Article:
Work from home: A new tool to avoid job scams

By Diane Lee (WSPA)

One question we get from you a lot is how can you figure out if a “work from home” job is real?

A new survey finds the vast majority of those postings are bogus, and young people are the most likely to fall for it.

Here are some warning signs, and below is a new resource that helps sift out the real offers from the scams.

When you need flexible hours like USC Upstate student Jordan Phillips, you may run into quite a few scams. Before he got his job at the campus book store, he says he applied for a work from home job that claimed filling out online surveys.

“It would ask for your personal information, social security, phone number, address and stuff like that, and that is kind of fishy.”

How about this one, Miranda Farris showed us a campus-wide alert about a fake job offer where you get pre-payed and have to send some money back. Then the check bounces.

“We’re just thinking, we need money, so that’s a job opportunity, we’re going to take it,” said Farris.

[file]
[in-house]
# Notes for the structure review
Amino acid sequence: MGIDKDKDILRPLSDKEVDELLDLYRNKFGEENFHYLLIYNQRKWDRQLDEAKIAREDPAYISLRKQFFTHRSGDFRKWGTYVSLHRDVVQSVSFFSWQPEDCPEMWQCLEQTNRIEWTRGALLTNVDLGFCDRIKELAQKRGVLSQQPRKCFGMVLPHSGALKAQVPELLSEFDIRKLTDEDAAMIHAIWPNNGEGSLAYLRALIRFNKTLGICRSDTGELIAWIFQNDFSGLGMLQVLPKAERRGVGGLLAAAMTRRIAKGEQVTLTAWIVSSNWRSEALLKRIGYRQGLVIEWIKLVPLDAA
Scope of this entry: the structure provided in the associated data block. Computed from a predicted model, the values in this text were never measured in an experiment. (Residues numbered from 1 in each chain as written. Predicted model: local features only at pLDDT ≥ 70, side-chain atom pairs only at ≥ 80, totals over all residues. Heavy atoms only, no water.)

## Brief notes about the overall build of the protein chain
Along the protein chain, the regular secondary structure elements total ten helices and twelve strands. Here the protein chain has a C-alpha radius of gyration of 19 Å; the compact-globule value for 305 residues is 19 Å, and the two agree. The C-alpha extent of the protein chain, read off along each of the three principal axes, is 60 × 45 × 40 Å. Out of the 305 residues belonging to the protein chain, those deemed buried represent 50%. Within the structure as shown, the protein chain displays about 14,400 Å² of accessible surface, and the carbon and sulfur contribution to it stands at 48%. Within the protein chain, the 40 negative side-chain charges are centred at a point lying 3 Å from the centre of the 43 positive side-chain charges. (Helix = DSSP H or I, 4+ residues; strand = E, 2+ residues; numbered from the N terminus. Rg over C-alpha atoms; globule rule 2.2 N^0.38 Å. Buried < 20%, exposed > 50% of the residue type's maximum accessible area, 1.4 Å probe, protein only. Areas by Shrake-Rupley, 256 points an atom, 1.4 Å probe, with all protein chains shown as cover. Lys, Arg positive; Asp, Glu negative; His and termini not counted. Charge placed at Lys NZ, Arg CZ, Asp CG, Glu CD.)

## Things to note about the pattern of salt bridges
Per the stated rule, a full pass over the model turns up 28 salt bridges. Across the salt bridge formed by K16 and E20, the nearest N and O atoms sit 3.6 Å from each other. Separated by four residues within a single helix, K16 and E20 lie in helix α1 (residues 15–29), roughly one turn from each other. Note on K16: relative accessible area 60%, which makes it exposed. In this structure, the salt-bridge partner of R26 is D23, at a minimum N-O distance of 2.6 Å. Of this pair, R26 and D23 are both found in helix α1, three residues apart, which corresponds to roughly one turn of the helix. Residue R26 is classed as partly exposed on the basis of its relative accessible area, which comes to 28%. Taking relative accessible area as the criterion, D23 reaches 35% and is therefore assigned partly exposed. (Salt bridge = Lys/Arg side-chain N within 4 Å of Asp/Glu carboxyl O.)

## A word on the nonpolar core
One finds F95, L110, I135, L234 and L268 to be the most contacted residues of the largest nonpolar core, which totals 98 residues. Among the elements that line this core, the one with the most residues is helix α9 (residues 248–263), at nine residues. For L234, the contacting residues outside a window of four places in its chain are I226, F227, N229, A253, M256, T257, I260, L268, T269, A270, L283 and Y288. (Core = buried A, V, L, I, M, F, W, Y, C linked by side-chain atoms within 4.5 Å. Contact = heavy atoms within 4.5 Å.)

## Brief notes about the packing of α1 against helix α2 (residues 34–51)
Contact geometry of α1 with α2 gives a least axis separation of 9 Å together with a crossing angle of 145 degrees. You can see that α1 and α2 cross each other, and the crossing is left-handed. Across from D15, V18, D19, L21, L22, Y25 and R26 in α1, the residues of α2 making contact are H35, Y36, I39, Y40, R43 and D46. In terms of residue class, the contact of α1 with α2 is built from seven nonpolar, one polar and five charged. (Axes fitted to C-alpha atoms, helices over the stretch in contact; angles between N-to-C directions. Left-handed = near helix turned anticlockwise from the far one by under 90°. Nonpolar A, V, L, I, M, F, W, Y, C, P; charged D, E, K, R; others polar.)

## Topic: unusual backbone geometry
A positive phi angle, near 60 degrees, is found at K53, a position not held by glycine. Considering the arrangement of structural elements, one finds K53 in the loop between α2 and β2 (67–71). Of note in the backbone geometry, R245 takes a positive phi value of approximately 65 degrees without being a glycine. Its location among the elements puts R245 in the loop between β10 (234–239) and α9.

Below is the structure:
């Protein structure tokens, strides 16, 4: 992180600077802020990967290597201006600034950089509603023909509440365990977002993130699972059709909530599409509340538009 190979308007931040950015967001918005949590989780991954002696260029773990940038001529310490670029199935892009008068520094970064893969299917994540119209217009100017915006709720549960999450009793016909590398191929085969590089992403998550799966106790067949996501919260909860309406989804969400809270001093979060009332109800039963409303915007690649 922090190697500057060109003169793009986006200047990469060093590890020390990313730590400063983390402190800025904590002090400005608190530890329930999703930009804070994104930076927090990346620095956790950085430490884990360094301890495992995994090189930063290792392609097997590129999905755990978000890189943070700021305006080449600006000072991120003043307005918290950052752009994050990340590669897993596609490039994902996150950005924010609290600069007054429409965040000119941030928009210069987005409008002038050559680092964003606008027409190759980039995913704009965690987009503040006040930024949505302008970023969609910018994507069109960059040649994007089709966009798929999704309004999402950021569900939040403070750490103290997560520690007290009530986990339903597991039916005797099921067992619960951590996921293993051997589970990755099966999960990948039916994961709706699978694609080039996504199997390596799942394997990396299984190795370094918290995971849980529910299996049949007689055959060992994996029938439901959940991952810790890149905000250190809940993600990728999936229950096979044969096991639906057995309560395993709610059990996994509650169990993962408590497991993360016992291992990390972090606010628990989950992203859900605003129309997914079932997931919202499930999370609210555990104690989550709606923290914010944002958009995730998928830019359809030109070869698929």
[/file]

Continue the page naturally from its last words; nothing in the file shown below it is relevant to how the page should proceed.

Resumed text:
Ron Patane, helps students get jobs. He says scammers use techniques like:

– copying a well known brand logo
– charging a fee to get hired
– and making an offer over text or social media

“Scammers will go out there and see your name posted knowing that you are desperate for a job, they will contact you and ask for personally identifying information that they can take and use it for malicious purposes,” said Patane.

To avoid job scams search on career sites that are more narrow. Universities usually have their own, and if you’re not a student, FlexJobs investigates companies that are looking to hire, though there is a monthly fee: $15./mo or $30/3mo or $50/yr.

The director of online content for Flexjobs says it hand-screens each job before it’s posted to determine whether it’s a scam. The company found, for every legitimate flexible job posting, there are 60 to 70 job scams online.
How To Report A Scam:

The FTC at or 1-877-FTC-HELP (1-877-382-4357).

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